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Rug·by (rŭgbē)
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A borough of central England east-southeast of Birmingham. It is the site of Rugby School (founded 1567), where the game of rugby was developed in the 1800s.

The American Heritage® Dictionary of the English Language, Fifth Edition copyright ©2019 by Houghton Mifflin Harcourt Publishing Company. All rights reserved.
 
rug·by also Rug·by (rŭgbē)
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n.
A game played by two teams of 15 players each on a rectangular field 110 yards long with goal lines and goal posts at either end, the object being to run with an oval ball across the opponent's goal line or kick it through the upper portion of the goal posts, with forward passing and time-outs not permitted.

[After Rugby School, England.]
(click for a larger image)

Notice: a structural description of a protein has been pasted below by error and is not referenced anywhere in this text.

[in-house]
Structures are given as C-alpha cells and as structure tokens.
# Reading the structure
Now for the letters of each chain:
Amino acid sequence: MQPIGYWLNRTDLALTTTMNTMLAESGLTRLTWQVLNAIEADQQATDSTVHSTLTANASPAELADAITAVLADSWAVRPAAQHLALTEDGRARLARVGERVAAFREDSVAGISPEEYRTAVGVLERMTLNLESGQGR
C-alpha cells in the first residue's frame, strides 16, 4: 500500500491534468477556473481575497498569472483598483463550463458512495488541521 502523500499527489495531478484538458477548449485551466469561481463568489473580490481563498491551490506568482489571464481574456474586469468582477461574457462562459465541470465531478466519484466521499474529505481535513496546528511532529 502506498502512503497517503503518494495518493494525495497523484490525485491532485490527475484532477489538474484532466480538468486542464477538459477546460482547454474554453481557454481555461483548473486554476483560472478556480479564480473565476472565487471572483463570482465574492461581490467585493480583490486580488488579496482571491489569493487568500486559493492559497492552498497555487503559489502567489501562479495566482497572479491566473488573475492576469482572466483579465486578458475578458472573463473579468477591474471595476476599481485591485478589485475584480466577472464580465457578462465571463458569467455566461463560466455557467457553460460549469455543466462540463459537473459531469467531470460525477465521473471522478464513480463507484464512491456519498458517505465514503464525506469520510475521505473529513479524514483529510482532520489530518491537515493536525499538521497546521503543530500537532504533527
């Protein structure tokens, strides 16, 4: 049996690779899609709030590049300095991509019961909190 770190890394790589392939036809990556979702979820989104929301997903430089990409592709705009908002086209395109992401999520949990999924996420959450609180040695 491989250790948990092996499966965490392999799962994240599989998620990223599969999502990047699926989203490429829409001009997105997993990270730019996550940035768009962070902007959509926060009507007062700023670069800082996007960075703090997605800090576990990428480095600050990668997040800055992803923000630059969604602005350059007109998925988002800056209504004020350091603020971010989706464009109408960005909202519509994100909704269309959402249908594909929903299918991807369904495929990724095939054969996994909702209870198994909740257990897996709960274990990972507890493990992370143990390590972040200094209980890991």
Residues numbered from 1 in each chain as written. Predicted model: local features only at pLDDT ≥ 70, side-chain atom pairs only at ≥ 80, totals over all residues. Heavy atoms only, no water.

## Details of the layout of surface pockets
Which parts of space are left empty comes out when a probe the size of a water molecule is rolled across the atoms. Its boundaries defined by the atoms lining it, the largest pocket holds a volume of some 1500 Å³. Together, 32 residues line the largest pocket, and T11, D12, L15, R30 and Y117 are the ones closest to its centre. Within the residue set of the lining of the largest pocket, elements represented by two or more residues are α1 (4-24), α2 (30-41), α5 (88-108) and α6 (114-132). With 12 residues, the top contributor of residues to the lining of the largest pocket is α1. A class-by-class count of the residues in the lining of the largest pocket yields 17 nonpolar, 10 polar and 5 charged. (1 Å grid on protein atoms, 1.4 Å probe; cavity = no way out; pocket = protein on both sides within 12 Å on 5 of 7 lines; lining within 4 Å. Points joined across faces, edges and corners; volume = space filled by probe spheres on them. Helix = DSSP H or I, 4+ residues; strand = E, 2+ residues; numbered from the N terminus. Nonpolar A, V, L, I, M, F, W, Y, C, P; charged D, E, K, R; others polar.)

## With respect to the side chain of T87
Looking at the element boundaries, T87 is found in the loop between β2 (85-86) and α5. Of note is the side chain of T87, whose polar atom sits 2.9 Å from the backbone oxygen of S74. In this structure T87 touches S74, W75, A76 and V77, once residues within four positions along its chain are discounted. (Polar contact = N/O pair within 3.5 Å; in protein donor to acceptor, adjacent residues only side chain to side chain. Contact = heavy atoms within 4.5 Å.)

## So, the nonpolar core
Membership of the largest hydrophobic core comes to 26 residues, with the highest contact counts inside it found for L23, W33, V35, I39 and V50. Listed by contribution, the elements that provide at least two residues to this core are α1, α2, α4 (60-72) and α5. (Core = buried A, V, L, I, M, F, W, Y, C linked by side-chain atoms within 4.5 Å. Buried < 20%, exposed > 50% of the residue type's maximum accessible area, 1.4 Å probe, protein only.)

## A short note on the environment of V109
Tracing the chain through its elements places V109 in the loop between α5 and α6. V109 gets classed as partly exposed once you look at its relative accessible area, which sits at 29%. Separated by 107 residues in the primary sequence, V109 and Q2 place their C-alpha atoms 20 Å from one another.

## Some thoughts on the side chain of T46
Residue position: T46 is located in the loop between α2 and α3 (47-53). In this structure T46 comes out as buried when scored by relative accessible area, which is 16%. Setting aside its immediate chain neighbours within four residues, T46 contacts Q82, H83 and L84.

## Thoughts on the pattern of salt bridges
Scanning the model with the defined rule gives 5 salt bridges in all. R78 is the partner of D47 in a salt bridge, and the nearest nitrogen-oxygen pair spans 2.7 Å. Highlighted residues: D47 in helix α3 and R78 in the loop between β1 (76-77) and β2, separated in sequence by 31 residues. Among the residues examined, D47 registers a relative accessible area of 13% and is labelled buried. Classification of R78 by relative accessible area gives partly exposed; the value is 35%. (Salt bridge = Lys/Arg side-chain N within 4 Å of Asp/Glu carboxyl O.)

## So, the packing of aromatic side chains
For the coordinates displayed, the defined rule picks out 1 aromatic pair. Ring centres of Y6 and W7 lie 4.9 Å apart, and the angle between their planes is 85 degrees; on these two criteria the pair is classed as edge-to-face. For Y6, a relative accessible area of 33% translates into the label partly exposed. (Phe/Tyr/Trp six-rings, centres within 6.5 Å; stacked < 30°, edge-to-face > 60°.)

rugby
teams from Australia (yellow) and France (blue) at a 2009 rugby union match

The American Heritage® Dictionary of the English Language, Fifth Edition copyright ©2019 by Houghton Mifflin Harcourt Publishing Company. All rights reserved.
 

Indo-European & Semitic Roots Appendices

    Thousands of entries in the dictionary include etymologies that trace their origins back to reconstructed proto-languages. You can obtain more information about these forms in our online appendices:

    Indo-European Roots

    Semitic Roots

    The Indo-European appendix covers nearly half of the Indo-European roots that have left their mark on English words. A more complete treatment of Indo-European roots and the English words derived from them is available in our Dictionary of Indo-European Roots.

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